Another really fun example of Prince going completely off the plan to make a video on his own, well before his record company was done promoting the prior Diamonds and Pearls album, and rush-released as a video single after he dropped the song as a birthday present to himself in 1992.
It continues a few of his fascinations from the era, including filming his cars and his garage at Paisley Park. This clip also set the stage for his increasing proclivity for filming a video for every song on an album, whether they were going to be released as singles or not.
2 Whom It May Concern
This was the first time Prince did a video for one of his favorite conceits, creating music montages that sampled all the songs on an album as a promo for buying that record. Worth watching just to hear Prince say, "On Paisley Park/Warner Brothers CD and cassette". It was clearly shot after most of the other music videos for the Love Symbol album, since it includes excerpts of them, but it was early enough in the promo cycle for the album that the DJ booth that Prince is sitting at has the older version of his signature symbol.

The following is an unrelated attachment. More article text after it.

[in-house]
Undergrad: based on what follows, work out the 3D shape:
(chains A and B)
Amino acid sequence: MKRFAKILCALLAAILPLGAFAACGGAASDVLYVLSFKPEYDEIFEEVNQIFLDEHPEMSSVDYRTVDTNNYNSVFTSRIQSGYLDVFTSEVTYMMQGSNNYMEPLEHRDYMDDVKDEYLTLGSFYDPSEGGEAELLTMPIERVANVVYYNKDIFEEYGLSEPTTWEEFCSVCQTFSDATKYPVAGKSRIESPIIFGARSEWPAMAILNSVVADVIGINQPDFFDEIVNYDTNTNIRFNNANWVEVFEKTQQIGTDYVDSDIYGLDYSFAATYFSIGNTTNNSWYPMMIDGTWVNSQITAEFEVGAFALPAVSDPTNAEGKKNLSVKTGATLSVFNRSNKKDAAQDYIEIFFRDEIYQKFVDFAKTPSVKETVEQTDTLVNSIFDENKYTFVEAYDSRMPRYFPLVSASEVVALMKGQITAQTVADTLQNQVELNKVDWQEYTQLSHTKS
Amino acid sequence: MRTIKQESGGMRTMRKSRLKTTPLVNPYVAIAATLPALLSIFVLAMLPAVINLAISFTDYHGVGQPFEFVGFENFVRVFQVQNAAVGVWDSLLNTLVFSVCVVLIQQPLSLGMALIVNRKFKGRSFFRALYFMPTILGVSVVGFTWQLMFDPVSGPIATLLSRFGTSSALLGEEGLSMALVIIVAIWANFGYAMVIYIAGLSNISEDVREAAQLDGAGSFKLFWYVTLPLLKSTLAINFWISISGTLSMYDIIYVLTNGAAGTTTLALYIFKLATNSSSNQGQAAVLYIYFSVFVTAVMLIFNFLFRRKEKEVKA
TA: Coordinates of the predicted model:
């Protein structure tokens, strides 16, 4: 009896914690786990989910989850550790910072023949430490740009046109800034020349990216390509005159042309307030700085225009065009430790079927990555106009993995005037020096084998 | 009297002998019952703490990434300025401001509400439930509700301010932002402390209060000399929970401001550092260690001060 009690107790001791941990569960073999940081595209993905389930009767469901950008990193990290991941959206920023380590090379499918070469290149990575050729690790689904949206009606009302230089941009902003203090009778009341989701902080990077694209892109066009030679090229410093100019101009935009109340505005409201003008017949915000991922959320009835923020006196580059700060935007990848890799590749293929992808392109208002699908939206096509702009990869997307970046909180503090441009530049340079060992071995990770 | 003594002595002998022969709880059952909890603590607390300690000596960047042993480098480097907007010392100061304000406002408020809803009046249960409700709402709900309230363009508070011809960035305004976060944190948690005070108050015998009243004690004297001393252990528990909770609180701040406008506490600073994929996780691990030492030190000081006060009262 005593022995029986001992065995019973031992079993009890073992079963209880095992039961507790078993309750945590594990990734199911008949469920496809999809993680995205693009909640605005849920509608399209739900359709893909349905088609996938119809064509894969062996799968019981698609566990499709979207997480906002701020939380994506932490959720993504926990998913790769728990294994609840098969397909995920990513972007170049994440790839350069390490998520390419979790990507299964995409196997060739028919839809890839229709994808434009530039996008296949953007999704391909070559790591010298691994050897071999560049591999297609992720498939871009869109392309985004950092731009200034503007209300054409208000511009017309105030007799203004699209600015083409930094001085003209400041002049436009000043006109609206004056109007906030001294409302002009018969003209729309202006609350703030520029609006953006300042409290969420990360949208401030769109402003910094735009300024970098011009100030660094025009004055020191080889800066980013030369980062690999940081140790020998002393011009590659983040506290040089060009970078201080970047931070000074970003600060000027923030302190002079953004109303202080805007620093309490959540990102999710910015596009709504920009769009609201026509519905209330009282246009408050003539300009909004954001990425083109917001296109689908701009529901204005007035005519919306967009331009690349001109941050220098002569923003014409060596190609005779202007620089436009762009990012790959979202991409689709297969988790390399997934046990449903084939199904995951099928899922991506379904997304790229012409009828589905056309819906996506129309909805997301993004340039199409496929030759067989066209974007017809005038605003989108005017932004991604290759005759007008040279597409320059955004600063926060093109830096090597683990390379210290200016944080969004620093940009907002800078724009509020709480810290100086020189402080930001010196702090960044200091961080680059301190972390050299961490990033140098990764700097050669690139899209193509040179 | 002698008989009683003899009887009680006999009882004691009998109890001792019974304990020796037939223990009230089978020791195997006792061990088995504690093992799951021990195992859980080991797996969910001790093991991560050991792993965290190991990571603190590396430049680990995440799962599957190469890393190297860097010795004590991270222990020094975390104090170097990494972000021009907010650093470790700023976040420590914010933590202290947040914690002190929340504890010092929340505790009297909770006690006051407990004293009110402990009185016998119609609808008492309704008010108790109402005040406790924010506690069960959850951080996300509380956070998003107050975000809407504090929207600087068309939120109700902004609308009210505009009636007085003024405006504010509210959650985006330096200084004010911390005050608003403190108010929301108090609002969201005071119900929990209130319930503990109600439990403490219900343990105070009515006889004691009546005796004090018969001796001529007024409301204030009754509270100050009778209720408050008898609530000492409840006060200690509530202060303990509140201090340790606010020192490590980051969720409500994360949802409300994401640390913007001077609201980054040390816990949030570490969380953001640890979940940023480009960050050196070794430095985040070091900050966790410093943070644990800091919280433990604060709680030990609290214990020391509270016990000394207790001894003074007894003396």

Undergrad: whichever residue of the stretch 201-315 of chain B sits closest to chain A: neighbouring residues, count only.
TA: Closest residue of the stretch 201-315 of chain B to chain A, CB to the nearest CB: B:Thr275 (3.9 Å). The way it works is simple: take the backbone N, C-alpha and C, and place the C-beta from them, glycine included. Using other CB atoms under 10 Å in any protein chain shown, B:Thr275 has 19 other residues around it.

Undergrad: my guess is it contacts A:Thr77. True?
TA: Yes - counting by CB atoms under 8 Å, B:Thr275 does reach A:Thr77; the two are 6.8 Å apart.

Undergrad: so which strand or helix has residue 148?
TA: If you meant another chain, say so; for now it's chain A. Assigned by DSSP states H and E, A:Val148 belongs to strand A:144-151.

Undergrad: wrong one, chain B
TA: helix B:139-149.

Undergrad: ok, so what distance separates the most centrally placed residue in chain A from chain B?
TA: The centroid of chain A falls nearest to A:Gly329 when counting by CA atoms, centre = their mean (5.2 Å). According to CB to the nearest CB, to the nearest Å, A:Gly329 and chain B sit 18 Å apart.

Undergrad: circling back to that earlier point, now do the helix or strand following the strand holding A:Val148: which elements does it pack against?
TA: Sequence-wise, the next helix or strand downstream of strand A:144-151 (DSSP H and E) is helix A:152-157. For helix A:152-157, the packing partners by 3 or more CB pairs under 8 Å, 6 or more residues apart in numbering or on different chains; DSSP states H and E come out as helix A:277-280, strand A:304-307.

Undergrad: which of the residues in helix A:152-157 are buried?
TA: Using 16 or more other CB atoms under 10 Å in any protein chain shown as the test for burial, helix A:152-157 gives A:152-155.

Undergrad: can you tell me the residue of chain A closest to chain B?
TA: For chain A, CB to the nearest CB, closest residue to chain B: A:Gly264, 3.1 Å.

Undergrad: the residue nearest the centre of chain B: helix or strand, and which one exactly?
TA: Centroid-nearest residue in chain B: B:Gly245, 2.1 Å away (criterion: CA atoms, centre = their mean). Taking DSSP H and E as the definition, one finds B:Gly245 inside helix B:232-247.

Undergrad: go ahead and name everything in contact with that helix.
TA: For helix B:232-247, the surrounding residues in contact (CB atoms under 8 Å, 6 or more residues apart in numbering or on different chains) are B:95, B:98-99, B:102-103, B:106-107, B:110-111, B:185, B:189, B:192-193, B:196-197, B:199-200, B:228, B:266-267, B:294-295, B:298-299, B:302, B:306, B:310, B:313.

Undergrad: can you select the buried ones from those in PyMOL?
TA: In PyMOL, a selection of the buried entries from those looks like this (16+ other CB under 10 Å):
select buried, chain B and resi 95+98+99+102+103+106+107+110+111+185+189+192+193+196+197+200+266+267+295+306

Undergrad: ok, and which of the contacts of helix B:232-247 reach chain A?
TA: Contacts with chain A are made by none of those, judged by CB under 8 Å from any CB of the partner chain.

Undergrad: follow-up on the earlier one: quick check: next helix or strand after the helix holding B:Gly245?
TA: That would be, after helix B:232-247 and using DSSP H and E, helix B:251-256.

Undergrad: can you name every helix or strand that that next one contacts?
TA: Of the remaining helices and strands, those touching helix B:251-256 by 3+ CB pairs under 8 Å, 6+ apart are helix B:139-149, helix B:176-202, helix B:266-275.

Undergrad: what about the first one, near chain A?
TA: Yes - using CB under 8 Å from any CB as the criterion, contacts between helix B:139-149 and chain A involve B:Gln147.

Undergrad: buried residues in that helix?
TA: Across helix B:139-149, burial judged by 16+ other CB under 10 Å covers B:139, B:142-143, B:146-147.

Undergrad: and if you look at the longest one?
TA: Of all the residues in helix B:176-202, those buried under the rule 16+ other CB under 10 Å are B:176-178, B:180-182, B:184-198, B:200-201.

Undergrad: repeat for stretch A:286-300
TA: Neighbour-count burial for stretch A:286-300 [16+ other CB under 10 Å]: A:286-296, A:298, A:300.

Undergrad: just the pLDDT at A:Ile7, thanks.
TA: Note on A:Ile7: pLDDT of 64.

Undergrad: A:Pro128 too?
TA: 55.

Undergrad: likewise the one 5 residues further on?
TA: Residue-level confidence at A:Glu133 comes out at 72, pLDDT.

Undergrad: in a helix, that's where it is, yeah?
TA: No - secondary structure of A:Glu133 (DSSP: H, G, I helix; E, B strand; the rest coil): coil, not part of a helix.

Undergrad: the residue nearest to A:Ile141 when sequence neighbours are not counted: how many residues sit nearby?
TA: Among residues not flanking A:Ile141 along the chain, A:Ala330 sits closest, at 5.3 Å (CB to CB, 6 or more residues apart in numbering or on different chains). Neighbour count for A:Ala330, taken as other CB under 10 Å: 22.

My Name Is Prince
Having just signed a mega-deal with Warner Brothers, Prince was definitely determined to put their money to use, with a series of expensive videos for the new Love Symbol album kicking off with this elaborate production that includes video vignettes with Kirstie Alley, a staged riot, and a lot of shots of a flaming barrell in an alley.
Love 2 The 9's
This was never a single, despite being a standout song on the Love Symbol album. But after a few decades, putting Mayte Garcia (later Prince's first wife) in an abaya before having her strip down so she can "make that booty boom" makes it pretty difficult to appreciate the musical merit of the track.